October 23, 2007 at 1:26 pm #25260
Most esoteric traditions advocate a device for anchoring the mind during one’s daily activities outside of formal meditation practice. Tools for present moment awareness are numerous and some of the most famous ones are: mantras, invocation of divine names, awareness of the in-out breath, awareness between the eyebrows, awareness above the head, awareness of the rising and falling of the abdomen, and so on. What is the device for present moment awareness in the Universal Tao/Healing Tao system? Does it change as one progresses through the seven alchemical formulas? Is there a reference to this in any of the books of Mantak Chia or Michael Winn, and if so where?
Thank you for any clues and guidance you may offer.
—SkyOctober 23, 2007 at 8:21 pm #25261
Do you practice any of the Healing Tao Qi Gong?October 24, 2007 at 2:58 pm #25263
My practice of the Healing Tao is recent and very green. Right now I am working with a few of Mantak Chia’s initial books (Awakening Healing Light, Secrets of Love, Iron Shirt, etc) and corresponding DVD’s. My practice over the past few years has been one of inner alchemy from the Western tradition primarily based in the works of Rudolph Steiner and Western Hermeticism. The regimen of body-based alchemy in Healing Tao is very appealing and accessible. Does this kind of information help you, Bagua, in answering my initial questions?
The ongoing dialectic in this forum between “emptiness” meditation and alchemical subtle body building is a theme I have explored for several years primarily in Theravada Buddhist, Hindu, and Western esoteric contexts, and now here it is again in Taoism. It does seem however that both orientations (“just sitting” vs “energy transformation”) typically have a device for anchoring the mind while outside of the meditation hut and washing dishes. Certain systems of energy practice will have such a device that anchors the mind, yet continues the process of alchemy as in awareness of the pineal gland (while washing the dishes.) My question still is, is there such a device in the Healing Tao, and what is it, and does it change over time while moving through the exercises?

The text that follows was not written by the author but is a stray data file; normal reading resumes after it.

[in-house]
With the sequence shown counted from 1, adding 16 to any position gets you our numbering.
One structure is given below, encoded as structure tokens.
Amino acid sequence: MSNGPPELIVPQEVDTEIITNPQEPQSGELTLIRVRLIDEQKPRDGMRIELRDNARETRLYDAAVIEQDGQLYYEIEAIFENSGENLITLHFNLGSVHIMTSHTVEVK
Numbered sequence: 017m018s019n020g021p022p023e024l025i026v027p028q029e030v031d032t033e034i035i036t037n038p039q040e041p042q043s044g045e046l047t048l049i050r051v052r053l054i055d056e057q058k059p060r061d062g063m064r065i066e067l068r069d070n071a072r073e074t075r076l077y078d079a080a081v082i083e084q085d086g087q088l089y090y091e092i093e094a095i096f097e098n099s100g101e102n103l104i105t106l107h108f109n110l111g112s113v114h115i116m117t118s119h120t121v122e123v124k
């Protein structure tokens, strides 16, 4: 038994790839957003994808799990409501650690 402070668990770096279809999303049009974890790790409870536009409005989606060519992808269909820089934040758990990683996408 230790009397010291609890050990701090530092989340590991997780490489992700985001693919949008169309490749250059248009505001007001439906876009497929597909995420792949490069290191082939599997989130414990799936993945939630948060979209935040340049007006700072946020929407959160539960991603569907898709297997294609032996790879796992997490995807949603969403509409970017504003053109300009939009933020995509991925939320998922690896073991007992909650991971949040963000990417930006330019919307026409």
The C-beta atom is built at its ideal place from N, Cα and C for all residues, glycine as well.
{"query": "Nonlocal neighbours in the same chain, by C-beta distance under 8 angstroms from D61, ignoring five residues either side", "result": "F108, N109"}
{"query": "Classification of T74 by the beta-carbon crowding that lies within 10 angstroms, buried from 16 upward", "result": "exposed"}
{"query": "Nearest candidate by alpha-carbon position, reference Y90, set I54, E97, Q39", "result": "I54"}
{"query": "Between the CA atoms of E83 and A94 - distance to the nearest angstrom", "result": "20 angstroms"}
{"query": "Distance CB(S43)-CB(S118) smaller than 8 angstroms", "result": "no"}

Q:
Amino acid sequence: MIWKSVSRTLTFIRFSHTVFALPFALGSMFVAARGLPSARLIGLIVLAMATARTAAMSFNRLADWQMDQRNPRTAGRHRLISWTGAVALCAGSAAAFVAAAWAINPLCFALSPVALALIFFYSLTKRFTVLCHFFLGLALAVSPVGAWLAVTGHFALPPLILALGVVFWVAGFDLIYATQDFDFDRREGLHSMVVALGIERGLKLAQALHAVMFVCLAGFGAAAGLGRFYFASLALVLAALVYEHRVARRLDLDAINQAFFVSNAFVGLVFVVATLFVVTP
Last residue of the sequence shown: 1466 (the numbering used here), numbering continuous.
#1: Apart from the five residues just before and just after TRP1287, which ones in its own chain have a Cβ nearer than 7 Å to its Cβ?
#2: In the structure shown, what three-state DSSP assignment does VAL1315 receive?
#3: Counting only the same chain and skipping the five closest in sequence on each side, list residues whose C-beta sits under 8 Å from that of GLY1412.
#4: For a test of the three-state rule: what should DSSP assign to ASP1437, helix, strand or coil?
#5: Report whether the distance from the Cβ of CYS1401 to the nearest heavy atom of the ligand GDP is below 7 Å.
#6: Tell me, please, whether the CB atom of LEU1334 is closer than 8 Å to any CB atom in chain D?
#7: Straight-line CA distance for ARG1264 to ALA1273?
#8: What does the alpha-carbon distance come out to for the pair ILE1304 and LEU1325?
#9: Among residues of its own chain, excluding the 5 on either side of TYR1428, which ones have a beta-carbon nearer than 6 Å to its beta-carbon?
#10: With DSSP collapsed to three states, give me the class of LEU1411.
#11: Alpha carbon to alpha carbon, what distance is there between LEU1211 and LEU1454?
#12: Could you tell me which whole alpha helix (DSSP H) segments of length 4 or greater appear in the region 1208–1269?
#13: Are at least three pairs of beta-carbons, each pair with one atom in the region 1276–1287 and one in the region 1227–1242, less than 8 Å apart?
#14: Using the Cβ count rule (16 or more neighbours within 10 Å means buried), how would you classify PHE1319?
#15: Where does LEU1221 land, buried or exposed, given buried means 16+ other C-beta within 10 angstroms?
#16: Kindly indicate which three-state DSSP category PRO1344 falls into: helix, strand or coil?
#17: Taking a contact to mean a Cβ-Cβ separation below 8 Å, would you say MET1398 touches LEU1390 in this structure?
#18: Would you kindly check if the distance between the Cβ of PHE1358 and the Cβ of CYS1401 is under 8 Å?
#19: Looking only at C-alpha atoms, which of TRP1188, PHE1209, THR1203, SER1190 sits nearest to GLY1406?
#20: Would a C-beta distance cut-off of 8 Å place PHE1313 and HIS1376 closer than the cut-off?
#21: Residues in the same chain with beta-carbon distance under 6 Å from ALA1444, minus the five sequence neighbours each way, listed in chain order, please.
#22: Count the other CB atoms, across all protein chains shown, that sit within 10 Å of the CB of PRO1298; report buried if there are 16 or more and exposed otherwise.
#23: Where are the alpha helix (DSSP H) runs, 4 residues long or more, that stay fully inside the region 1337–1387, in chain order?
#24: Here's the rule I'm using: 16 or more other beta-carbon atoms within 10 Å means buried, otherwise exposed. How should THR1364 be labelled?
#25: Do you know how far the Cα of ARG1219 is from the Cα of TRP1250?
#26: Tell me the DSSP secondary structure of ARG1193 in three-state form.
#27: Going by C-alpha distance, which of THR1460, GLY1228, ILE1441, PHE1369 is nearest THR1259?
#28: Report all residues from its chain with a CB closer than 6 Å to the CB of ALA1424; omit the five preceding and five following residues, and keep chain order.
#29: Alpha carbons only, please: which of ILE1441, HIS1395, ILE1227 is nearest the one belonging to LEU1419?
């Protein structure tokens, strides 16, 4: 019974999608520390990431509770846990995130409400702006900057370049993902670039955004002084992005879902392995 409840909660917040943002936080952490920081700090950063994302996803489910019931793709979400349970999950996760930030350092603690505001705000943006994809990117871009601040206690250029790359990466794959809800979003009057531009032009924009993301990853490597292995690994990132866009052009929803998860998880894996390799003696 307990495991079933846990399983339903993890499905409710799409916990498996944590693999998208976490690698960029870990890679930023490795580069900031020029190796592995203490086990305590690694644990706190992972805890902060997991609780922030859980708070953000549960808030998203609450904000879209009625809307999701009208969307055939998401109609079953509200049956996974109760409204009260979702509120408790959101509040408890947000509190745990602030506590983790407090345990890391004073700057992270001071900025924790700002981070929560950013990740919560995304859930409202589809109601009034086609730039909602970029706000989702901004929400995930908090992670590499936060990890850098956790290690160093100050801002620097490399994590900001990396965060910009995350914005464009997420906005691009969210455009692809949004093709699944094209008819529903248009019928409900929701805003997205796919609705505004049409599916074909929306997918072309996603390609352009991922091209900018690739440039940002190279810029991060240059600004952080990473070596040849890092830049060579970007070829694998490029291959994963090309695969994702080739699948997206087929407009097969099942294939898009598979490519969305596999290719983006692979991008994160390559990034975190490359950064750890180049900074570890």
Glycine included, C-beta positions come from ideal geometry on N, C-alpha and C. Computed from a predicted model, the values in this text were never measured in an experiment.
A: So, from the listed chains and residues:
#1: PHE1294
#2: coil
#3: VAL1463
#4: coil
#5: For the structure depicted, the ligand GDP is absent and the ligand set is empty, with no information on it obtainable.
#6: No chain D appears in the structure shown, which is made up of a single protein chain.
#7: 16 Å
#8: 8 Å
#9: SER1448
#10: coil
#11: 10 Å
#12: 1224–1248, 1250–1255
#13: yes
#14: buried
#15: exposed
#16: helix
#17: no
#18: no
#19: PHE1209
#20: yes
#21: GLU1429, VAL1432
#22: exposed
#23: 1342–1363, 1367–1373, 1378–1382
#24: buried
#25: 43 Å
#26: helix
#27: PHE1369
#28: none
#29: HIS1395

I find the posts in this forum stimulating and am happy to observe discussions on the nature of the self in view of dissolution vs absorption, immortality vs enlightenment, reincarnation vs shattering of the astral body at death–in my experience such discussions are rare outside of Asia.
By the way as someone new to HT (and to posting in forums) and trying to navigate through the various books, audio/visual media, and course offerings, I am open to recommendations for where to place foundational focus, or links to postings or pages where such information is listed. For example, is it worthwhile to study Mantak Chia’s and Michael Winn’s programs simultaneously?